• After you change into your workout clothes (the gym has a policy to not let you in if you are wearing jeans), exit the change room through the same door, but this time make a sharp turn to your left where you'll be led down a narrow corridor and then to a flight of stairs leading to different workout facilities on different floors. If you are unsure of where to go, follow the crowd and maybe even explore a bit! The help desk is very approachable as well.
  • The machines (elliptical, treadmill, spinning, rowing, weights) are all located on the top floor, as are the track and basketball court. If you want to use an elliptical machine or treadmill, but notice that all are occupied, go to the white board that's located in the centre of the room and write down your name and current time under either "Cross trainers" or "Treadmill", and erase it when one becomes available to you. The maximum time people are allowed on machines is 30 minutes, and this includes warm-up and cool-down.
  • After your work out on these machines, remember to spray it down with soap water (plastic white bottles with a spray nozzle) and mop it dry with one of the small white towels provided for you.
  • In the change room, there is a scale where you can weigh yourself (I do this sometimes, but the results are usually depressing), as well as a mini-dryer for wet items like your bathing suit.
The best thing about Hart House is that, depending on the time, after your work out, you can take small break at the Hart House Library, or head over to Sammy's Student Exchange for some excellent food! As a student, I know how hard it actually is, to make that time to physically get up from your chair, pack some gym clothes, walk over to a gym, then proceed to make yourself sweat for a prolonged period of time. But truth be told, while exercising for half an hour might seem to take up a huge chunk of your day, it may very well be the one activity you do on any particular day that requires, relatively speaking, the least amount of time for all the benefits you would obtain from it. Remember, your health is the foundation for your success at school, and should not be neglected. --Lucy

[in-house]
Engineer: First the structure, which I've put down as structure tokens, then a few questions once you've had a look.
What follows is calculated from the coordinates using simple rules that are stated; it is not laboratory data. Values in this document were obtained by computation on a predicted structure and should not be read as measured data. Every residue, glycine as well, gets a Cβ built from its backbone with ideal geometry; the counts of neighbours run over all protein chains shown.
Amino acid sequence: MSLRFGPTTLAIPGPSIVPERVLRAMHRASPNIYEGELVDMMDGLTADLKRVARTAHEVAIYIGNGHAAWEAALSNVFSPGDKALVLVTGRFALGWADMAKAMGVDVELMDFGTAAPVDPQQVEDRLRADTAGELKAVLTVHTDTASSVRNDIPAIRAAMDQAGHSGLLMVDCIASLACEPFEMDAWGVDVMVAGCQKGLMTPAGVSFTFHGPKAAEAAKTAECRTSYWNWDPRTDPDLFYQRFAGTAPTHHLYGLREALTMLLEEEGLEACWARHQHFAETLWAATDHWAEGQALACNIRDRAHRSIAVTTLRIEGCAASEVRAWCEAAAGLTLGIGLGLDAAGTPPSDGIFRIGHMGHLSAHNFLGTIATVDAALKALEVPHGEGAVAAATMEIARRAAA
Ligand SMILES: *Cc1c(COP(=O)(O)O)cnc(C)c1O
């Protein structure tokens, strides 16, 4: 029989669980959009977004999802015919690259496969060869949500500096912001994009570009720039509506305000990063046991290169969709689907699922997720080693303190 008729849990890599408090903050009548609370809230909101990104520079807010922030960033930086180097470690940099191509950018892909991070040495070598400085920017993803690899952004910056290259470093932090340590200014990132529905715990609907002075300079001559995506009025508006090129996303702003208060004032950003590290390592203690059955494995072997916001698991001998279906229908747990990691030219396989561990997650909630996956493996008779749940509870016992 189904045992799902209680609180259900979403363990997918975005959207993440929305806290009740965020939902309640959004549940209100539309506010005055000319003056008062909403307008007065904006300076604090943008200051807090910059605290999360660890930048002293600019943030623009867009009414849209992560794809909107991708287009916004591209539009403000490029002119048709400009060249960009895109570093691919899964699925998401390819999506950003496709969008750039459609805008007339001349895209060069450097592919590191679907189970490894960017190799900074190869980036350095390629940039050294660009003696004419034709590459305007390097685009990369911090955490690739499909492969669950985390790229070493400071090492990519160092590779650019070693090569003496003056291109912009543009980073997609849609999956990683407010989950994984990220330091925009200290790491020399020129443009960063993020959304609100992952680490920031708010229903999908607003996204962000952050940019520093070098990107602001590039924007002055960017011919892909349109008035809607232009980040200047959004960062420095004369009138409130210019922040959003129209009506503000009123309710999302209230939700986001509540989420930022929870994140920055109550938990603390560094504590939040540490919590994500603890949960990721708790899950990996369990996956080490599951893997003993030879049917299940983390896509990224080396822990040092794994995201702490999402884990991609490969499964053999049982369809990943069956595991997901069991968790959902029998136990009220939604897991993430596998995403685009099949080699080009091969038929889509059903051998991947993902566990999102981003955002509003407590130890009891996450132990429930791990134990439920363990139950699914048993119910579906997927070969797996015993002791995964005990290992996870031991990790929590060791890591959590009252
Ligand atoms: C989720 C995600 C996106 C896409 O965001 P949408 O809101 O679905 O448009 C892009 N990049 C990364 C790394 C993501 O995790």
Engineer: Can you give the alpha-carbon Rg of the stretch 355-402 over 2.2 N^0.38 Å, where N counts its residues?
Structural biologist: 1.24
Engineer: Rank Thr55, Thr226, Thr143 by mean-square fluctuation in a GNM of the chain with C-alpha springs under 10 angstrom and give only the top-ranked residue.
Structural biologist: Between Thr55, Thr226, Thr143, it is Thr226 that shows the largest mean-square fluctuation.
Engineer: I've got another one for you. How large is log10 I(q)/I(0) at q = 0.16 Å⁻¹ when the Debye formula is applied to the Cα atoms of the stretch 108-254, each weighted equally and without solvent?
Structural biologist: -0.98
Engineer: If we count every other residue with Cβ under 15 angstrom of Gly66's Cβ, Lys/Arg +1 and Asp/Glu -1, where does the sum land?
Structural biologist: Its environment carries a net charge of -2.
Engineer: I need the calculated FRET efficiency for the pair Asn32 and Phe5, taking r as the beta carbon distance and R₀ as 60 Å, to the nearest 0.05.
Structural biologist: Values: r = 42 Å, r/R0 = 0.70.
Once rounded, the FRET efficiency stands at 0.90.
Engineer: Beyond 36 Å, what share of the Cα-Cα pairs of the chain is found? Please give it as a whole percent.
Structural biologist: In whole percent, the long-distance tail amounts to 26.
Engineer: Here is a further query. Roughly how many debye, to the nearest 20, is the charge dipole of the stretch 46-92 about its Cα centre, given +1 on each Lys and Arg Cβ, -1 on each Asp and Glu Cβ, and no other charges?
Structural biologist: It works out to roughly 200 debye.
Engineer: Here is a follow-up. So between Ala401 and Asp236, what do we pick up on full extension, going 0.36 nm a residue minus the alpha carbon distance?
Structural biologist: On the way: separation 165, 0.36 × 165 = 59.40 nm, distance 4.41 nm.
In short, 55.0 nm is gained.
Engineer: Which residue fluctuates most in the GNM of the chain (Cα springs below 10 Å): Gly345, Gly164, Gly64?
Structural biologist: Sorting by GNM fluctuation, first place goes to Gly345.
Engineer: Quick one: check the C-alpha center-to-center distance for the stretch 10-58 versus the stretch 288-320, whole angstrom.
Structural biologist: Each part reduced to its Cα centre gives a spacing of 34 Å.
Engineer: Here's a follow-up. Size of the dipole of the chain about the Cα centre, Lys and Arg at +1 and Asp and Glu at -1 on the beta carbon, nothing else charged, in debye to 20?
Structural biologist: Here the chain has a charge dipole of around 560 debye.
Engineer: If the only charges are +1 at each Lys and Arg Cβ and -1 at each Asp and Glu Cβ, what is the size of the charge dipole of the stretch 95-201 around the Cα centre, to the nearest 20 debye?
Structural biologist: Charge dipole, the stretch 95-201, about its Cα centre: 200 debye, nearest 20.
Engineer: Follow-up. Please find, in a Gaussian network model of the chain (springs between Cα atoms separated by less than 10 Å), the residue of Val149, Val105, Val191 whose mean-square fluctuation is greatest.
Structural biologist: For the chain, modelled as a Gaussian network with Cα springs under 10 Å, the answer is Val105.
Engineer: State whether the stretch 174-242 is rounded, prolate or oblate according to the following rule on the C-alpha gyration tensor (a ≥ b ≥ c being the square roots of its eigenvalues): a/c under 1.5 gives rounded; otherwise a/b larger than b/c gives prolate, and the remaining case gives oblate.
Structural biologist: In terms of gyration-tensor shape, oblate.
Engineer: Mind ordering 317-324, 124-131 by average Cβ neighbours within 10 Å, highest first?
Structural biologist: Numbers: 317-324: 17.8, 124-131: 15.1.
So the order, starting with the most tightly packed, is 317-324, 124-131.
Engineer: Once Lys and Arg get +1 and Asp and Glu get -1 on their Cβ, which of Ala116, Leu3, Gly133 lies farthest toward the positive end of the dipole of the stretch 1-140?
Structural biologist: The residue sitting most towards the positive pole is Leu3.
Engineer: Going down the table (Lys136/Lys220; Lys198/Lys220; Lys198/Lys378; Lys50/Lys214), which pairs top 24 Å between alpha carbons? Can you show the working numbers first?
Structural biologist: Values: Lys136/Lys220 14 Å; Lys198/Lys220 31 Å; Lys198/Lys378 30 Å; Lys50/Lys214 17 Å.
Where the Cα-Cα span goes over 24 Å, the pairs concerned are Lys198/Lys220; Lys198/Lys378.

4 comments on “Exercise on campus–for the non-sporty type!

  1. I always wondered what people did with their wet bathing suits after swimming at school. The marvels of modern technology… mini-dryers! I have to say, though, I’m still a bit scared of the school’s gyms, volleyballs and ultra buff people alike.

  2. Yup. My marks have gone up the more I’ve gone to the gym.. seriously. The more I work out, the better I study.

  3. This is really good for people who want to start going to Hart House but are intimidated, as I used to be.

    They also have dryers for your hair in the women’s changeroom, but they are mounted on the wall so it’s a bit awkward to use.

  4. I thought the bathing suit dryer was awesome! The hair dryer….ehhh….I still can’t figure out how to keep it turned ON while standing underneath it.

    @Tanya: I kind of see the logic in your “exercise > sleep” philosophy now 🙂